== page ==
These programs will get your students excited about reading (whether or not you've read the book).
A great book talk can make anyone want to read any book, but sometimes you need an alternative. If you haven’t read your new books yet, you only have a couple copies of a book to lend, or — like me — you’re just not very comfortable with giving book talks, here are a few programs you can do with your classes to build excitement about reading.
Book Speed Dating
Based on the popular speed-dating model, book speed dating lets students spend a few minutes with each book before they decide whether to check it out. For our program, I designate about five tables to be my speed-dating tables and then put eight to ten books on each table. You could have each table represent a different genre, choose read-a-likes for popular books, or just grab a hodge-podge of different titles and mix them all up.
We play five rounds (one for each table set up), and I give students four minutes for each round.
- Minute 1: The students need to find a table and take a quick look at all the books on the table.
- Minute 2: Students can pick up the books they’re most interested in and read the back covers, the dust jackets and anything else on the outside.
- Minutes 3 and 4: Students pick one book and start reading at page one.
Once they’ve chosen a book to start reading, they must stick with that book until the round is over. If they decide they like the book, they carry it with them for the next round. They can always switch it out if they find something they like better at the next table. When the next round starts, they find a new table and start the process over.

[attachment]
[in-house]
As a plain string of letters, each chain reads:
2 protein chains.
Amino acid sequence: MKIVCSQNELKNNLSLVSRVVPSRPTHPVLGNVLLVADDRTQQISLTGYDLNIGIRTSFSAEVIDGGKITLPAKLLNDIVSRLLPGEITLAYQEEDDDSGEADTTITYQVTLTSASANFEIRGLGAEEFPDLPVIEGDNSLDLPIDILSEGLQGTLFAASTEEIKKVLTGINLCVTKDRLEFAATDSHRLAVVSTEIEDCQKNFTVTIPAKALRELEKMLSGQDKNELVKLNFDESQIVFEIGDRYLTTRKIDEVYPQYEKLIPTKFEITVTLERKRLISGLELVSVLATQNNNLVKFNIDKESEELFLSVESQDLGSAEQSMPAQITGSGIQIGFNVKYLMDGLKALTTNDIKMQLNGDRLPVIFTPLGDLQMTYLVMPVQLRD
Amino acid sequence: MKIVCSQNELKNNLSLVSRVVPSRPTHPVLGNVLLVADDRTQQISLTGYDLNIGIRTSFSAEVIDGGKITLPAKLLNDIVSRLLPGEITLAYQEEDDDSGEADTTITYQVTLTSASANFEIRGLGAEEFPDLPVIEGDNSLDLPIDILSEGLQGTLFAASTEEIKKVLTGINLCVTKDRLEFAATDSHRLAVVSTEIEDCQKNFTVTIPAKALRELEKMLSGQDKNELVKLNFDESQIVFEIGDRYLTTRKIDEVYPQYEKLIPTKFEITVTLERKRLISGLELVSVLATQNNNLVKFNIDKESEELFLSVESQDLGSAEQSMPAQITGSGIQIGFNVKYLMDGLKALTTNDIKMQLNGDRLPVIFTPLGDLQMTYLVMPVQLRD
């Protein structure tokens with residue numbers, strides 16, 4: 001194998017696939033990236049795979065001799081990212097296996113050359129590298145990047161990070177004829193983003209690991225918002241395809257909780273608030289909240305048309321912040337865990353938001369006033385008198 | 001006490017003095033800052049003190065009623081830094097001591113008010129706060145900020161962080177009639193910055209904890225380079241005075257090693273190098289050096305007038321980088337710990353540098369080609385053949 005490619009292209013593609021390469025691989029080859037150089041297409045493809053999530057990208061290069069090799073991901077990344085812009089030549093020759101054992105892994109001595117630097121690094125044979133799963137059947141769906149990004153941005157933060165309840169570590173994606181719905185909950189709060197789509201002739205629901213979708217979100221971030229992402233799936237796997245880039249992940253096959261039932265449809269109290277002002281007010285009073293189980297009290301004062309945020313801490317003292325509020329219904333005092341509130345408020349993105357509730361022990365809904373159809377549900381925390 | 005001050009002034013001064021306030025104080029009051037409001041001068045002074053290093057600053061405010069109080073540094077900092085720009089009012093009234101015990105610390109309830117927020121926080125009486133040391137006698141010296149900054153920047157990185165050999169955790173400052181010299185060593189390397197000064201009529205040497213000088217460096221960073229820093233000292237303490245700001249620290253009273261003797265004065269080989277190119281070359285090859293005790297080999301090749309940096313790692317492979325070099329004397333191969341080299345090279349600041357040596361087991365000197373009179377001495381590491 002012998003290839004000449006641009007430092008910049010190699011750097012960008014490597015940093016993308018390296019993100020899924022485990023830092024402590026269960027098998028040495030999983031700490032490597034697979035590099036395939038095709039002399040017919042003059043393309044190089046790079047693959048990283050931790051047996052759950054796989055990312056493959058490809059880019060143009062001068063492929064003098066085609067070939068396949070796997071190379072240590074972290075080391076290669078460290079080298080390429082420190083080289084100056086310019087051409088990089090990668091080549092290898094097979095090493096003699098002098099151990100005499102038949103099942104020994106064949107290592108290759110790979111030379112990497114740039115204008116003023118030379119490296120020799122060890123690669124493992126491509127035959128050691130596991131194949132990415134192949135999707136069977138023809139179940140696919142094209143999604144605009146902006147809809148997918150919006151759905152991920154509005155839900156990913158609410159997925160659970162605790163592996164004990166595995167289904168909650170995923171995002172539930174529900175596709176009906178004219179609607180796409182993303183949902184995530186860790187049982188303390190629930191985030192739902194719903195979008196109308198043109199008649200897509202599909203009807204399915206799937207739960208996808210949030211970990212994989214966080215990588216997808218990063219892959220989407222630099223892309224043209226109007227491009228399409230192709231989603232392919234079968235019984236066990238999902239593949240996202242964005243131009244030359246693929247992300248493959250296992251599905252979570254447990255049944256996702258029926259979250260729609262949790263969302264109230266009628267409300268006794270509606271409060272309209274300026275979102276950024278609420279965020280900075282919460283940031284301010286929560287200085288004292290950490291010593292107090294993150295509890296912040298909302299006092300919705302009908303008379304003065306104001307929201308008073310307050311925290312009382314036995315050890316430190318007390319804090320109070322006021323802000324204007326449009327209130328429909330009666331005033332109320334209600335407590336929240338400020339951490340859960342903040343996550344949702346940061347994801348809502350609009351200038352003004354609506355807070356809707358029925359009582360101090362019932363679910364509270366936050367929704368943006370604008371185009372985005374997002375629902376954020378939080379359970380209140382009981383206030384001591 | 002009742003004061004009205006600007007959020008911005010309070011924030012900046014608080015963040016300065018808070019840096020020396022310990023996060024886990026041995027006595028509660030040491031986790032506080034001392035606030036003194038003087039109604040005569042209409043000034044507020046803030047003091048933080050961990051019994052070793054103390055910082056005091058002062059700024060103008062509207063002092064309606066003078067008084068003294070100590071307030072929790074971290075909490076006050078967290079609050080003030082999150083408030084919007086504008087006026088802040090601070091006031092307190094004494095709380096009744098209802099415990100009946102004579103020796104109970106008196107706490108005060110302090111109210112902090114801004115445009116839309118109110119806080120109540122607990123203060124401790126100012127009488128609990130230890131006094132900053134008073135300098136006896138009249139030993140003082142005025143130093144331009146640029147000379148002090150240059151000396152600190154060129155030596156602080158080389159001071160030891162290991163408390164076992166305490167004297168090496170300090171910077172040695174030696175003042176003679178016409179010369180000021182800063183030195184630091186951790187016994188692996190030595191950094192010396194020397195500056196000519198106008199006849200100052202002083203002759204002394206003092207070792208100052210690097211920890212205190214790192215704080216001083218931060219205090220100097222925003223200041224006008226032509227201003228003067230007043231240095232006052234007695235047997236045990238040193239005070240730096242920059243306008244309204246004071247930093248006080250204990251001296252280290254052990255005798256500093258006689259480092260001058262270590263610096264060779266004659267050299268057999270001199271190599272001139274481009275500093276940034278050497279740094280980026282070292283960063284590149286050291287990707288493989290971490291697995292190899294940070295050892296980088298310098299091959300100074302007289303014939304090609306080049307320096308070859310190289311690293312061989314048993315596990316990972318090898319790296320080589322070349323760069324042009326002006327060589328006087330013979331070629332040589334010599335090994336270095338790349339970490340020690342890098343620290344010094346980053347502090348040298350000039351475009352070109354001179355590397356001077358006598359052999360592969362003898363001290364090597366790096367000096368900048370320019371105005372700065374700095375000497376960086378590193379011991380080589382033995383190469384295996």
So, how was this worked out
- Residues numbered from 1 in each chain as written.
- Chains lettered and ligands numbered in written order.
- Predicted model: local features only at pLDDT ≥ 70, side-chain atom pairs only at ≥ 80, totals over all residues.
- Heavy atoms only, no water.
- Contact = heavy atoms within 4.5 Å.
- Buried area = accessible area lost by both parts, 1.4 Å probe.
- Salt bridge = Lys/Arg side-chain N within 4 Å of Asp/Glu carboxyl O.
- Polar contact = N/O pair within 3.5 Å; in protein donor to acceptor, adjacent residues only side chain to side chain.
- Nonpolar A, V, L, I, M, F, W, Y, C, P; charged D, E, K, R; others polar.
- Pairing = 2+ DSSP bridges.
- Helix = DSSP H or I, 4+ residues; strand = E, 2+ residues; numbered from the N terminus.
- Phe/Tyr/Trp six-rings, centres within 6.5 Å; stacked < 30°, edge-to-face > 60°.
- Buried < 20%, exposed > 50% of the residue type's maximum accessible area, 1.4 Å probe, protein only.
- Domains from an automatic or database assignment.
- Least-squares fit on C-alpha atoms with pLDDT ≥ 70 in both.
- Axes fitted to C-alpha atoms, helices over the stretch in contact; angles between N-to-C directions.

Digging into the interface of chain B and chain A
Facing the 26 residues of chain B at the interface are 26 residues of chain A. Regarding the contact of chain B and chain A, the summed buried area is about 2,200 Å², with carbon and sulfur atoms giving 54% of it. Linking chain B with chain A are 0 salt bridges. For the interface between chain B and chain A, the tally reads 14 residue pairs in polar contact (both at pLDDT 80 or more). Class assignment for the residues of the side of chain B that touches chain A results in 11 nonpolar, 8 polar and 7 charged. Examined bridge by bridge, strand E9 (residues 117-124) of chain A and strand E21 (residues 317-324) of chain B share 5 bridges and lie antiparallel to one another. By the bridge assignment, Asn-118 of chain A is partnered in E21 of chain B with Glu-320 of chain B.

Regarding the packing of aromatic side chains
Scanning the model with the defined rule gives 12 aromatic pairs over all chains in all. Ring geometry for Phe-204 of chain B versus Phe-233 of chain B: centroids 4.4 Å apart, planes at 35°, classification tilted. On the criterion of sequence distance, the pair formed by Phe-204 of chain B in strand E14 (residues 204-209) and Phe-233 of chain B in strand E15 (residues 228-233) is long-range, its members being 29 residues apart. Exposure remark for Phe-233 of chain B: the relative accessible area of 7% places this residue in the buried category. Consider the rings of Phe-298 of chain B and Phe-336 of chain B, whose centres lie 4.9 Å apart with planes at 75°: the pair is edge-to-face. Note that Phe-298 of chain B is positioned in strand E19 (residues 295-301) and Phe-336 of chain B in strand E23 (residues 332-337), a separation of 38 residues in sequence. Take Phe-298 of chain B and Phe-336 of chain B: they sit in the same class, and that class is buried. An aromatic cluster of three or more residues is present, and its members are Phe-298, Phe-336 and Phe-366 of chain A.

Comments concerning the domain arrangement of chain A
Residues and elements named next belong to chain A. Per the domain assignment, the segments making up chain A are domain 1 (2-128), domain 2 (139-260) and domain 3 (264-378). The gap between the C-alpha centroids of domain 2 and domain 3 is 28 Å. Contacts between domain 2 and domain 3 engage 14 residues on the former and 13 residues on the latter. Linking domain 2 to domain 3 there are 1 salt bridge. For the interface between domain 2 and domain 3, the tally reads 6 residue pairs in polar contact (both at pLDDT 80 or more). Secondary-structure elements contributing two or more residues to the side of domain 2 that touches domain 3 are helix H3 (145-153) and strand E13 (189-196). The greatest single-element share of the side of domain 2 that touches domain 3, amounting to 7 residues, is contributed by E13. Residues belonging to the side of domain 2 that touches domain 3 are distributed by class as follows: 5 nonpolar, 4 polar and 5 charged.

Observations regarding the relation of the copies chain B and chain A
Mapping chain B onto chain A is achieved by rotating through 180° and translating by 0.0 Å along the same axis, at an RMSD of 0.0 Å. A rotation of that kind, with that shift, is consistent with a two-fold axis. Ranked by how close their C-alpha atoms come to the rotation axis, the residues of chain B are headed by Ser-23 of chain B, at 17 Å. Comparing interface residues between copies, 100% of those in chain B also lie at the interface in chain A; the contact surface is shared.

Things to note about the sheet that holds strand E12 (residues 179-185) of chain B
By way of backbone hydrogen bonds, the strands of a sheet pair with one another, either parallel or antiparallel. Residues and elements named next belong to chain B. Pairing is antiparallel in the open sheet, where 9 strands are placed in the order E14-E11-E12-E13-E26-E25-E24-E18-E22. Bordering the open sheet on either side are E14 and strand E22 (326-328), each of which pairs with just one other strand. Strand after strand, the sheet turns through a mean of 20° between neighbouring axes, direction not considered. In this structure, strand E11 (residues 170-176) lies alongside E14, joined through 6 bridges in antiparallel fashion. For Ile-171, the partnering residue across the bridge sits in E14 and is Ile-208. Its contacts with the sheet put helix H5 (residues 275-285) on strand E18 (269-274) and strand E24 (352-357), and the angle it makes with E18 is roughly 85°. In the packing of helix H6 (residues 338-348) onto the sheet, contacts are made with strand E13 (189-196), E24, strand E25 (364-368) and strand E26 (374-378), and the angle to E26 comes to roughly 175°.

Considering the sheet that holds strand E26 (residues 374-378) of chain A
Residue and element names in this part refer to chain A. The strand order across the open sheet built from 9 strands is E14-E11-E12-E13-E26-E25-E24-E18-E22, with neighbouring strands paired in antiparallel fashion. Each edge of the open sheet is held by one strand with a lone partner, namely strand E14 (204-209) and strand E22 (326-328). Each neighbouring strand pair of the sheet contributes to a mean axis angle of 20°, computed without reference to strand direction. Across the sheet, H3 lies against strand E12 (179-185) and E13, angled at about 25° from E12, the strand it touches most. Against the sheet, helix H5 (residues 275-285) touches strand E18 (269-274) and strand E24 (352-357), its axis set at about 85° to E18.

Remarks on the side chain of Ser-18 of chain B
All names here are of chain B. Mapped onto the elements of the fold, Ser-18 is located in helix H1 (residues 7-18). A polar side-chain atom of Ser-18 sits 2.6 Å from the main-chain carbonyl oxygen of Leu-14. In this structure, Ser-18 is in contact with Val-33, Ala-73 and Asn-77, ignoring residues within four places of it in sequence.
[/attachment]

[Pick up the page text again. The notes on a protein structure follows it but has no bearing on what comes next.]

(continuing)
I love book speed dating because it allows students to explore more book options than I would be able to talk about in the same time period. I can also curate the books so that I have a mix of old, new and great-but-somewhat-forgotten books. I can also add to my tables throughout the day as earlier classes check out books, a task that is not as easy when I’ve only prepared a limited number of book talks.
There are many ways to host a successful book speed dating program. Check out these variations from Mrs. Reader Pants, Mighty Little Librarian, Teach ELA with Joy and Mr. Sharp to find the one that best fits your library.
Blind Date with a Book
Book speed dating focuses a lot on initial impressions, so a great cover can be key, but with Blind Date with a Book, you can teach students to look past the bad or outdated cover art. Cover the books with brown paper or put them inside brown paper bags. Write the title on the outside, or be sneaky by just writing some descriptors or a memorable quote. Students choose based on the content, not the cover.
I’m one of those people who actually enjoys the previews at the beginning of a movie, so it makes sense that I would love book trailers too. The same things that make movie trailers so entertaining — the mix of music, video and voiceover — make book trailers a great way to get students engaged in books.
Many publishers produce book trailers for their new releases that you can find on YouTube, and many include short Q&As with the author as well. You could even use a maker space or online cartoon creator like PowToon to have students create their own book trailers.
Student Book Reviews
Peer reviews of books are a great way to promote the books in your library. Have students write reviews of the books they’ve really enjoyed, and post them on your website. Keep a display of student book recommendations near your circulation desk, have older students come recommend books to younger students, or have students do their own book talks for their peers! Regardless of how students get involved, our libraries are always more successful when they do!